Running With Arthritis
As we know running is an excellent form of exercise that offers numerous health benefits, such as improving cardiovascular health, strengthening bones, and reducing the risk of chronic diseases. However, for individuals with arthritis, running can be a challenge. In this article, we look at the different types of arthritis, their causes, how they affect runners, as well as some tips for continuing running with arthritis.
Different Types of Arthritis
Arthritis is a term used to describe inflammation of the joints. There are over 100 types of arthritis, but the most common types are osteoarthritis (OA) and rheumatoid arthritis (RA).
- Osteoarthritis is a degenerative joint disease that results from wear and tear on the joints. It commonly affects the hips, knees, and hands.
- Rheumatoid arthritis, on the other hand, is an autoimmune disease that causes inflammation in the joints. It commonly affects the hands, feet, and wrists.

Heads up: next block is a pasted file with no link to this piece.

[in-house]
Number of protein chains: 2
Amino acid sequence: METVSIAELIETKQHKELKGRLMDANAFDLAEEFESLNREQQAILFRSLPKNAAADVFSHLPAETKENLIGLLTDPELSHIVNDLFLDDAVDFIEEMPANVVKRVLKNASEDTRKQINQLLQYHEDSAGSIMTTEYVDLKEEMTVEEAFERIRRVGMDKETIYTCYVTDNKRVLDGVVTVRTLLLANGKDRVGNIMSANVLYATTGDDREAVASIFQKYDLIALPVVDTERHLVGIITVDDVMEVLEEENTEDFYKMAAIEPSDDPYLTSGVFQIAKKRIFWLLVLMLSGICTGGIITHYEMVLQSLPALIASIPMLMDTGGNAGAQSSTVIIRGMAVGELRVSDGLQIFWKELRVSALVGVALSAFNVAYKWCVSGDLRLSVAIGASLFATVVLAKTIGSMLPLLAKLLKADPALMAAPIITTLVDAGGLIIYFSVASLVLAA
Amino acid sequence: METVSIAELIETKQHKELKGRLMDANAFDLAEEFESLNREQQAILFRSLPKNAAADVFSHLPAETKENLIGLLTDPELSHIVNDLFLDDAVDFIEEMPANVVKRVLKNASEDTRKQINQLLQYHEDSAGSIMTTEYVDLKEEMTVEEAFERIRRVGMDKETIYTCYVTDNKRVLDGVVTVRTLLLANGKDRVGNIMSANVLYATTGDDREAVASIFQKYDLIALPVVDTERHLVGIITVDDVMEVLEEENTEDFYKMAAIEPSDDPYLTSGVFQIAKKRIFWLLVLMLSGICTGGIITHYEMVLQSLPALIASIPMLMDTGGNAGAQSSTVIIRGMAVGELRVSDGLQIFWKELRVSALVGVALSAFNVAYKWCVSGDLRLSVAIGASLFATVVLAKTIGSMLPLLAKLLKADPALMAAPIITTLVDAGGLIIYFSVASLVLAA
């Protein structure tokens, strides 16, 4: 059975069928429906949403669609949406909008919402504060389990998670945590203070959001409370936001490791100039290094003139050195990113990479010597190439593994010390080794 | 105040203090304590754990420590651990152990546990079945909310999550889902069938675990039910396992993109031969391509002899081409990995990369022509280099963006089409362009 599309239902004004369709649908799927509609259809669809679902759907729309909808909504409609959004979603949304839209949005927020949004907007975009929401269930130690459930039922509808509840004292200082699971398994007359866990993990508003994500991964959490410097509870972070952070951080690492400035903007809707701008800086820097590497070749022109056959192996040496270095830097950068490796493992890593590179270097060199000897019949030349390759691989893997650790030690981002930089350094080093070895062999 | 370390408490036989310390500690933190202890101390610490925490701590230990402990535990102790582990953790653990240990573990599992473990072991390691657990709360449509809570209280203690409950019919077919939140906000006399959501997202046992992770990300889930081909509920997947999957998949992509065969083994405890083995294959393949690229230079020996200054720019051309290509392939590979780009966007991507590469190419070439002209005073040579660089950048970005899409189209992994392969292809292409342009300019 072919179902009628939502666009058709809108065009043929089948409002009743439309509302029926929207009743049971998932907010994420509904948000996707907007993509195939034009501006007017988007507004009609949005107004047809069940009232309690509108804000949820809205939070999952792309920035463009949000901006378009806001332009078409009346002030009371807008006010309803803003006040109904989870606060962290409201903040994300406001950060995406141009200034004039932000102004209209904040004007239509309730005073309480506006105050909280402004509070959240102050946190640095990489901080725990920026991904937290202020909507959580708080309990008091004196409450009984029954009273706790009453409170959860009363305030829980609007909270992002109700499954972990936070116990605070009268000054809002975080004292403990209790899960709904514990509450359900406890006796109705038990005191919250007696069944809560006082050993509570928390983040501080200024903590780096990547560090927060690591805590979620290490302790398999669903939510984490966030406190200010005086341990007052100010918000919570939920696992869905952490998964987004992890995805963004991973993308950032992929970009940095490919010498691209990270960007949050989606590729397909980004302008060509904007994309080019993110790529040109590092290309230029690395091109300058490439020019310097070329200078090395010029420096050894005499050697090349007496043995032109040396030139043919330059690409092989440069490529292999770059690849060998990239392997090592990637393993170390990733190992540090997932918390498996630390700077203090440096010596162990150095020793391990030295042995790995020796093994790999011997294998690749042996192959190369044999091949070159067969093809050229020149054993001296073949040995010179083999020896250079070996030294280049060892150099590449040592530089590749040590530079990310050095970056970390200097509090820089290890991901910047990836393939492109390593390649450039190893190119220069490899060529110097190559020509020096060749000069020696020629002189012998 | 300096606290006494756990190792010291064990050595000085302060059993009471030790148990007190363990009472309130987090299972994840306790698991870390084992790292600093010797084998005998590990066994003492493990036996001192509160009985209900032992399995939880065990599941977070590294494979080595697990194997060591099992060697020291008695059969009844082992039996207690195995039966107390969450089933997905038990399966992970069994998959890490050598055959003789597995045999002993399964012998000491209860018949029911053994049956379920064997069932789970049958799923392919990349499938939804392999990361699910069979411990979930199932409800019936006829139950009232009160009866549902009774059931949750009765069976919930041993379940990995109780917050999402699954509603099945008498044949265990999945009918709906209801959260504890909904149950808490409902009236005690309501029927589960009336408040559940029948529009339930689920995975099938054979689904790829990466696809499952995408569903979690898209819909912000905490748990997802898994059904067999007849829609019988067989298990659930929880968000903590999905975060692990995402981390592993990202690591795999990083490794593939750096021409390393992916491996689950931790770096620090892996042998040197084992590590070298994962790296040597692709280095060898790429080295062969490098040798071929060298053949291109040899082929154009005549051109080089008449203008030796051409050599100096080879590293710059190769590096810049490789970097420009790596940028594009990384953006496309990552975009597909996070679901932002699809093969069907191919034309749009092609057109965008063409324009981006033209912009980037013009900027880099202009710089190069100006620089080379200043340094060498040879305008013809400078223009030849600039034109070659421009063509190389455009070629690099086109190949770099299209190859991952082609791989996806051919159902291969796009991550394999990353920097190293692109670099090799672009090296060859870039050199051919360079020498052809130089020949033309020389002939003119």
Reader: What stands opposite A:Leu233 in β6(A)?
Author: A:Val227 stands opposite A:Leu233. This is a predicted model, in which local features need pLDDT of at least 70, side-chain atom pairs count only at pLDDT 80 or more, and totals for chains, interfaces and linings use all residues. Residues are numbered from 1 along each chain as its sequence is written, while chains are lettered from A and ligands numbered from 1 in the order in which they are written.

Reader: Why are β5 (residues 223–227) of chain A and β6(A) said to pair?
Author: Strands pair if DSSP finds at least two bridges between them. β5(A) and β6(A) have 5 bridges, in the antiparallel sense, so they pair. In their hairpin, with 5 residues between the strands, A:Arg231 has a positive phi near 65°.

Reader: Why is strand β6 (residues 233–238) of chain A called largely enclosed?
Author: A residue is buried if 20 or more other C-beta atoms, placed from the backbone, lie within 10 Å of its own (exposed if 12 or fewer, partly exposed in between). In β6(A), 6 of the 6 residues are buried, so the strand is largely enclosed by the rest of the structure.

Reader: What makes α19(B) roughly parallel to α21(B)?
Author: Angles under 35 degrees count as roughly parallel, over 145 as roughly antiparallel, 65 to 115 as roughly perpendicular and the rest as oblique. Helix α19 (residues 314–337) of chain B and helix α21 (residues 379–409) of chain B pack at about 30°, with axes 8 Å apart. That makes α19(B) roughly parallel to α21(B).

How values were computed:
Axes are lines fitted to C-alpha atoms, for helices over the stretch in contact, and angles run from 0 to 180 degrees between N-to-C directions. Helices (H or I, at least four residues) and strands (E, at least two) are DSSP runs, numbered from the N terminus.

What Causes Arthritis?
The causes of arthritis vary depending on the type of arthritis. For osteoarthritis, the main causes include aging, injury, and obesity. Rheumatoid arthritis, on the other hand, is caused by a combination of genetic and environmental factors.
Effects of Arthritis and Diagnoses
Arthritis can affect you as a runner in several ways. It can cause pain, swelling, and stiffness in the joints, which can make it difficult to run. Additionally, arthritis can increase the risk of injury, particularly in the knees and hips.
If you suspect that you have arthritis, you should see a doctor. The doctor will perform a physical examination, take a medical history, and order diagnostic tests such as X-rays, MRI, and blood tests.
How to Continue Running With Arthritis
If you have arthritis and want to continue running, there are some things you can do to reduce pain and prevent further damage to your joints:
Wear the Right Shoes: Choose shoes that provide good support and cushioning to reduce the impact on your joints.
Warm-up and Cool-down: Always warm up before your run with stretching exercises to loosen your muscles and joints. After your run, cool down with gentle stretching exercises.
Gradual Increase: Start with shorter distances and gradually increase your mileage to avoid putting too much stress on your joints.
Cross-Train: Incorporate other low-impact exercises, such as swimming or cycling, to reduce the impact on your joints.
Listen to Your Body: If you experience pain during a run, stop and take a break. It's better to take a break than to risk further injury.